Assignment: Think about the details from one event in your life. Think about the specifics of this important, memorable place from your own lifetime. Write and describe the place and time in a way that helps the reader feel as if they are there with you. Let your memory drift back in time and find the details that will make the place feel true. Be concrete and specific. Strive to use active language. Recount an event in a place, an experience. We all have them, we live new events and experiences every day. And each and every one is important.
Describe the place connected to this event. Use all the senses—what did it look, smell, and sound like? Could you taste or touch it?
Describe the people who were there, and their relationship to you. Why were they there? What were they doing?
Why were you there? What were you doing?
Apply a cultural perspective. Why was the place important? What were the values of the people or of the place itself? How did this affect your own values? How did it make you feel?
Your piece can include action, but you don’t have to have anything actually happen. This essay is all about description.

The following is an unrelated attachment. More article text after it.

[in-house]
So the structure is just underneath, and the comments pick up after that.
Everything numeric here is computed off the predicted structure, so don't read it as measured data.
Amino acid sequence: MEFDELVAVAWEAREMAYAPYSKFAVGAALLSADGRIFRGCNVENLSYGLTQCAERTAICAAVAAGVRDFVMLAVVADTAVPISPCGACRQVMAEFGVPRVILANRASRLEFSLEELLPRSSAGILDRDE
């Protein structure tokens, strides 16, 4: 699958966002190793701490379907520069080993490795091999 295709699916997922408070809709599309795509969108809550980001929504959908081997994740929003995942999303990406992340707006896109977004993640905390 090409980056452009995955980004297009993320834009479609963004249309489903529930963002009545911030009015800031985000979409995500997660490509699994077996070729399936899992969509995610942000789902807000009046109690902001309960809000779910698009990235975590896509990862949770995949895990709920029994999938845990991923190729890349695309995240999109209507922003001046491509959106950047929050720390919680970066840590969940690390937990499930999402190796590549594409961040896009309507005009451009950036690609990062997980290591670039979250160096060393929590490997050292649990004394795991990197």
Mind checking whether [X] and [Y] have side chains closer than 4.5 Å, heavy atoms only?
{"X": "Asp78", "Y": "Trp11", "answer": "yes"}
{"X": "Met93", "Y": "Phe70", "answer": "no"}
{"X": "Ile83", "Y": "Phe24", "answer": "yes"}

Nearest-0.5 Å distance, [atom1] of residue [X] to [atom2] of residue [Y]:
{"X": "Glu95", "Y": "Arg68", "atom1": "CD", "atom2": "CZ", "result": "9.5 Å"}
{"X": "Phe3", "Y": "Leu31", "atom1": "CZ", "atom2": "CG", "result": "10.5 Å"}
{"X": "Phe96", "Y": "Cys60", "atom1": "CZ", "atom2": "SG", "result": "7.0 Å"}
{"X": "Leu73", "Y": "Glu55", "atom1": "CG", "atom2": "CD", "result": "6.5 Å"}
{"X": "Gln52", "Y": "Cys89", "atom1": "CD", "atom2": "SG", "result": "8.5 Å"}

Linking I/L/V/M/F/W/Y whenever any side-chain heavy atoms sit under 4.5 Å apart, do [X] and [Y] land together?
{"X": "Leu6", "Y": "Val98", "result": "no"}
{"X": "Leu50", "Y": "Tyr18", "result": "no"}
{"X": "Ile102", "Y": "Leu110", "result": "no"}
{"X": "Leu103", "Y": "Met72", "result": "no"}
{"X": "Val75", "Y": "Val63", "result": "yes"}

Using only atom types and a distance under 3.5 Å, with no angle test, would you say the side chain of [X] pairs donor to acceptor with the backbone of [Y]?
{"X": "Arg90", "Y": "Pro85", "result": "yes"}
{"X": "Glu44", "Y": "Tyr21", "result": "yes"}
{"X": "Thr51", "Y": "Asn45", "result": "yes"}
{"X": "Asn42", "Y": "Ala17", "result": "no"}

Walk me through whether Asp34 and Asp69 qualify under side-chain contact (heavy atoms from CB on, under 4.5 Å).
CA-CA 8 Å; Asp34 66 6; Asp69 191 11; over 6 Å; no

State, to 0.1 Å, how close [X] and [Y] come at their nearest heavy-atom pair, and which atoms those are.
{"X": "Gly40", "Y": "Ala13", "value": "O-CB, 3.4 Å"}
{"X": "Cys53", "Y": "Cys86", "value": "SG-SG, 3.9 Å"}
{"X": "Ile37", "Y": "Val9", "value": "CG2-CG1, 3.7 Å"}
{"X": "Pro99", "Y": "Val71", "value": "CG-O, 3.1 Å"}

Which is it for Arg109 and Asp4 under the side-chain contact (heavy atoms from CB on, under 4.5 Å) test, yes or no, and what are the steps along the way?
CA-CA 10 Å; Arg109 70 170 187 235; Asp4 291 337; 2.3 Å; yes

Length: Minimum 600 words.Read the following examples to help:“The night express [train] shot, red as a rocket, from out the eastward marshlands and wound along the river shore under the long lines of shivering poplars that sentineled the meadows, the escaping steam hanging in grey masses against the pale sky and blotting out the Milky Way. In a moment, the red glare from the headlight streamed up the snow-covered track before the siding and glittered on the wet, black rails.” –Willa Cather. “The Sculptor’s Funeral.” (short story)“At almost every point, some filthy detail obtrudes itself. … It was not easy for me to think of my school days without seeming to breathe in a whiff of something cold and evil-smelling—a sort of compound of sweaty stockings, dirty towels, smells blowing along corridors, forks with old food between the prongs, neck-of-mutton stew, and the banging doors of lavatories.” –George Orwell, “Such, Such Were the Joys.” (essay)Take a look at the above two paragraphs, by two famous authors. Each paragraph describes a place. Cather’s place follows a train crossing an open countryside, while Orwell shares memories from his British boarding school upbringing. While the two paragraphs are very different, they share a key similarity between them as well as with Michael Herr’s piece: the use of multi-sensory imagery—sight, smell, taste, sound, touch—to create a scene that is both vivid and real, one that makes the reader feel as if they are a part of it.Most of us are deeply connected to certain places. Some are places that we think of with love and fondness, while others may be places that hold a difficult memory. For whatever reason we remember them, they stand out, and feel important. When we see them in our mind’s eye, we can see, hear, smell, and even touch the memories, they’re so clear.